Oliver Roeder has been a senior writer at FiveThirtyEight and editor of The Riddler, a collection of the site's math puzzles. He studied artificial intelligence as a Nieman Fellow at Harvard University and holds a PhD in economics focused on game theory. He lives in Brooklyn, New York.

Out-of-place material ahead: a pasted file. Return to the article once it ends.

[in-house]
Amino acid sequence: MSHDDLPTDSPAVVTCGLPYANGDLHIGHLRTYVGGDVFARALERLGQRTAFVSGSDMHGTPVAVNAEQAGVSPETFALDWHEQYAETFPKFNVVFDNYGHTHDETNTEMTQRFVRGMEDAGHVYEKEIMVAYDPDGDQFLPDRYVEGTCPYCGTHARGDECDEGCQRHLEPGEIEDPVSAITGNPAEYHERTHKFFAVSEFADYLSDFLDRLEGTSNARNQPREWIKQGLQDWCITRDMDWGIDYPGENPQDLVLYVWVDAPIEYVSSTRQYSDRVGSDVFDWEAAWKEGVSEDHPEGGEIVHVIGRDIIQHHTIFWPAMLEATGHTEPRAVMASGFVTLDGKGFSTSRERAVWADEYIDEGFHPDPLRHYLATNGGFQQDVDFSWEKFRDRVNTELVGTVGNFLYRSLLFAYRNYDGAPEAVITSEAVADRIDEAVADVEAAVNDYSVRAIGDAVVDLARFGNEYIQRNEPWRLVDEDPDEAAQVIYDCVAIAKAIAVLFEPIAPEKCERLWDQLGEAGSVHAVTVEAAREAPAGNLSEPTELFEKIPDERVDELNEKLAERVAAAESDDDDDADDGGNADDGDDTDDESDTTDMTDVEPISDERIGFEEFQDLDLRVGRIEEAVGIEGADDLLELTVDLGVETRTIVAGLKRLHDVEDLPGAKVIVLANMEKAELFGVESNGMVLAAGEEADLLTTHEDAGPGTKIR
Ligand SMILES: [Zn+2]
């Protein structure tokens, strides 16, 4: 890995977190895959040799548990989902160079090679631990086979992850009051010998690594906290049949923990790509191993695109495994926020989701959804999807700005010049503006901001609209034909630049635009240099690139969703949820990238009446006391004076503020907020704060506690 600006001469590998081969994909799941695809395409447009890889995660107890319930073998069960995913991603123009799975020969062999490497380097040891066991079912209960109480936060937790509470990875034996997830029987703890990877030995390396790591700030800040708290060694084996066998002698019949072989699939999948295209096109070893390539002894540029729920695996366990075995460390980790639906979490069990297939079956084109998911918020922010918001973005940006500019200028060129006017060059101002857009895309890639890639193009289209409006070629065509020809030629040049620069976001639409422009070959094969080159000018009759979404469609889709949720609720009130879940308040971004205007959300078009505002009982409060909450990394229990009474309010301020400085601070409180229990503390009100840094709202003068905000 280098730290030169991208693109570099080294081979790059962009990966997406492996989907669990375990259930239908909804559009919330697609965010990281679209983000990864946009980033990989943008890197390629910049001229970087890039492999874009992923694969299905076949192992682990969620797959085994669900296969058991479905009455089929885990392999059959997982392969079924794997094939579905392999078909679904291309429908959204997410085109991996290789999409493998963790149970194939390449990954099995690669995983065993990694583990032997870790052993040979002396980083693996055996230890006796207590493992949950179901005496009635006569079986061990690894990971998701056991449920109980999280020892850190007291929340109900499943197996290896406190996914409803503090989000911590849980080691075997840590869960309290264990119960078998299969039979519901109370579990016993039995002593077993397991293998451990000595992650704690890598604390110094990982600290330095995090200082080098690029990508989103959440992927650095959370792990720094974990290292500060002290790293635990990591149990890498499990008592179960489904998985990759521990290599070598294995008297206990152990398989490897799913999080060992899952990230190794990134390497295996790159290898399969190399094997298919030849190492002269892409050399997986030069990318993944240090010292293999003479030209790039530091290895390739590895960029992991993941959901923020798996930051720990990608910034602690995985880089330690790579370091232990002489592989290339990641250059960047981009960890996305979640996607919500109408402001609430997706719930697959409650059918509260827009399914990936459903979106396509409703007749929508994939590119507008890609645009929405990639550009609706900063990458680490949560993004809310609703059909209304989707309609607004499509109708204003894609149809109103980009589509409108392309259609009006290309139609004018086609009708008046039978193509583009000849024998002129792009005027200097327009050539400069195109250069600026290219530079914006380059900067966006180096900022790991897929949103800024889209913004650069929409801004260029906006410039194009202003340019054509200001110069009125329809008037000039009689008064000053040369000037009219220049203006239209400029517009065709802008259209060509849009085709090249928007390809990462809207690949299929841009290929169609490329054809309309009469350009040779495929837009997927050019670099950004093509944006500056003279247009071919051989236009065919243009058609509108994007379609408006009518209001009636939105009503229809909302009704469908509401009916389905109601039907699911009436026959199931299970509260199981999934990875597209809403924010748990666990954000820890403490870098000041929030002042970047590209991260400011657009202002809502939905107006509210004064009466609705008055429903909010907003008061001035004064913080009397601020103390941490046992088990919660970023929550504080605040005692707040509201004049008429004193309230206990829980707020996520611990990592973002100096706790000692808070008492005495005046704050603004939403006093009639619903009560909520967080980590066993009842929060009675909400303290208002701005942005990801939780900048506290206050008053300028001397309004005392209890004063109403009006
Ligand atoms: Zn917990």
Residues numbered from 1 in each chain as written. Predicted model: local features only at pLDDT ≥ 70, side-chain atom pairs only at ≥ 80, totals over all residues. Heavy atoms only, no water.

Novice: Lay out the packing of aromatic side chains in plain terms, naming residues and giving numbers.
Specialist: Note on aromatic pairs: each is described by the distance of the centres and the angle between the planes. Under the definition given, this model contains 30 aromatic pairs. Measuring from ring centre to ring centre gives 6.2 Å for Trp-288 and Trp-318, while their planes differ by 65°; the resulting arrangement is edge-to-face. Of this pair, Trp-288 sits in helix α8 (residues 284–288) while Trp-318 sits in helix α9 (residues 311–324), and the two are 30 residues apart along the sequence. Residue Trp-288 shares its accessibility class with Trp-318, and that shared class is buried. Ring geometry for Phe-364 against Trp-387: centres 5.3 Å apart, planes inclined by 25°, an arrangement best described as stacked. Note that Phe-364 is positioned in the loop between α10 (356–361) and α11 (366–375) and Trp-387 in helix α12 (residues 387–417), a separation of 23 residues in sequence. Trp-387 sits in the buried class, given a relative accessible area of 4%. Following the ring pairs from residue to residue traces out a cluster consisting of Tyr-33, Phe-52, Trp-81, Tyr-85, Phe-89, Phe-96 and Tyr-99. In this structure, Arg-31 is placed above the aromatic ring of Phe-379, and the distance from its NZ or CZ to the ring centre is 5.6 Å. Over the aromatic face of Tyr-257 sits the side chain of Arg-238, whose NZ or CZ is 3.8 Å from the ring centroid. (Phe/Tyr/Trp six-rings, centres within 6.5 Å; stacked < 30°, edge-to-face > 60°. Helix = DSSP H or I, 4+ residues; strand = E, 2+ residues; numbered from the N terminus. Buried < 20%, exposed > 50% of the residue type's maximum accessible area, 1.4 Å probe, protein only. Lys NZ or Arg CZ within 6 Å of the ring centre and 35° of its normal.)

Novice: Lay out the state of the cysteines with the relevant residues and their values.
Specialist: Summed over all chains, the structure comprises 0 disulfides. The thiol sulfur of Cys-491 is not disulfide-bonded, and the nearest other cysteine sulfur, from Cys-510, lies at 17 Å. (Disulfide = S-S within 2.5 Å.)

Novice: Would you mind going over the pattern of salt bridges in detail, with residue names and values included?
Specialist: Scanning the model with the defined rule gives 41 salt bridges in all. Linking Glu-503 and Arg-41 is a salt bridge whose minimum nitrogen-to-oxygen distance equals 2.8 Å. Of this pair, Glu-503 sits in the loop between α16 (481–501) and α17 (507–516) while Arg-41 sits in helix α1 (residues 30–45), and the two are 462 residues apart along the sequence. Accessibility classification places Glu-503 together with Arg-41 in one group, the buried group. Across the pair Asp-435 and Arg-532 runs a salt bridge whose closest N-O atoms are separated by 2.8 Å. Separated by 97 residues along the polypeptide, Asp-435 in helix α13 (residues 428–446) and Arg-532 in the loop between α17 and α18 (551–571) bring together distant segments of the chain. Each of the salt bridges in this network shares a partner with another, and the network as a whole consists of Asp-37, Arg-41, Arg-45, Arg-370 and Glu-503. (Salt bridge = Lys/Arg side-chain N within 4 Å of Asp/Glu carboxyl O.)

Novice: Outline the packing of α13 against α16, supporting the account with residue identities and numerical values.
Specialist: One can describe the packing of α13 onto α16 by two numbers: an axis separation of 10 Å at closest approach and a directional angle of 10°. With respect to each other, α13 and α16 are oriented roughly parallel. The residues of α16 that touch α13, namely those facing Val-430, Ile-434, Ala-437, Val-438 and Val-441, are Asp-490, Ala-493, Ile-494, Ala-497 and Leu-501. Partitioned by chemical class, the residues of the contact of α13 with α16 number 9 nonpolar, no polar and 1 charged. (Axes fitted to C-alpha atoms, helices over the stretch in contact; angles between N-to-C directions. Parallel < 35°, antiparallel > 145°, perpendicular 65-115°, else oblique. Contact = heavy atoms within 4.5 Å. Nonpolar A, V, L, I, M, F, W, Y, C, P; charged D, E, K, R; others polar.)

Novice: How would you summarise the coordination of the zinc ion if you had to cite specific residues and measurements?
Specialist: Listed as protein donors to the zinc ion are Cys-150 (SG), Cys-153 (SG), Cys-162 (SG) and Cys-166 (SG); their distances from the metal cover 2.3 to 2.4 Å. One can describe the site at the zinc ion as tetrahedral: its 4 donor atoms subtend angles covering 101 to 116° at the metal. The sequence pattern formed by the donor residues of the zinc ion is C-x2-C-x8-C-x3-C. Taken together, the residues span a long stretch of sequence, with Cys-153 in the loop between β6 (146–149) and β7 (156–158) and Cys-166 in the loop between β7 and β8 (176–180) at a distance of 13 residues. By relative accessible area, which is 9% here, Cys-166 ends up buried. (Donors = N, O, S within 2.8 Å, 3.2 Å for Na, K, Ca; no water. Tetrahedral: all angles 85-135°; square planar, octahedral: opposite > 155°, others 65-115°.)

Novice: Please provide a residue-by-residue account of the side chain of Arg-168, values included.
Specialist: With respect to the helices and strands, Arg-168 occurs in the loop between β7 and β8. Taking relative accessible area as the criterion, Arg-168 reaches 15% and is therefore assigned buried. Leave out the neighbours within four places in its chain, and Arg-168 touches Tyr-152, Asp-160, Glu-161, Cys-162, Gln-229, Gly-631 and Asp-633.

An eclectic cast of brilliant, and obsessive, characters makes Seven Games an absolute page-turner. Through their stories, Oliver Roeder shows that games are incomparable canvases for human creativity and agency. -- David Epstein, author of The Sports Gene and Range A beautifully written exploration of what games can tell us about philosophy, art, and human nature. Oliver Roeder is a commanding thinker and storyteller. His enthralling narrative delves into subjects ranging from art appreciation to artificial intelligence, cognitive science, world history, archeology, and, of course, game theory. Everyone should read this fabulous book! -- Christie Aschwanden, author of Good to Go A beguiling, mesmerizing, and utterly charming history of the world's most beloved games and the centuries-long quest to 'solve' them. In prose as elegant as the classics he profiles, Oliver Roeder shows that, contrary to what you might have heard, the battle between human and machine was a battle between human and human after all. -- Stefan Fatsis, author of Word Freak The games that have preoccupied and fascinated us over millennia tell a story not just about human history but, crucially, about the nature of the human mind. Oliver Roeder's Seven Games offers a sweeping and provocative tour of the labyrinths into which we so eagerly lose-and so revealingly find-ourselves. -- Brian Christian, author of Most Human Human and The Alignment Problem Oliver Roeder masterfully reveals the way games teach us about play, risk, intelligence, technology and our inner selves-and introduces us to some unforgettable characters along the way. Like the very best games, this book is deep, enthralling, and tremendous fun. -- Tim Harford, author of The Data Detective In Roeder's hands, games have real consequence-not only as art but as tools for technological advancement-yet the story remains fun, even amid deceit, heartbreak, tragedy, and mystery. Seven Games is an adventure, adeptly written, thoroughly original and profound-a literary example of what in chess we call a brilliancy. -- David Hill, author of The Vapors: A Southern Family, the New York Mob, and the Rise and Fall of Hot Springs, America's Forgotten Capital of Vice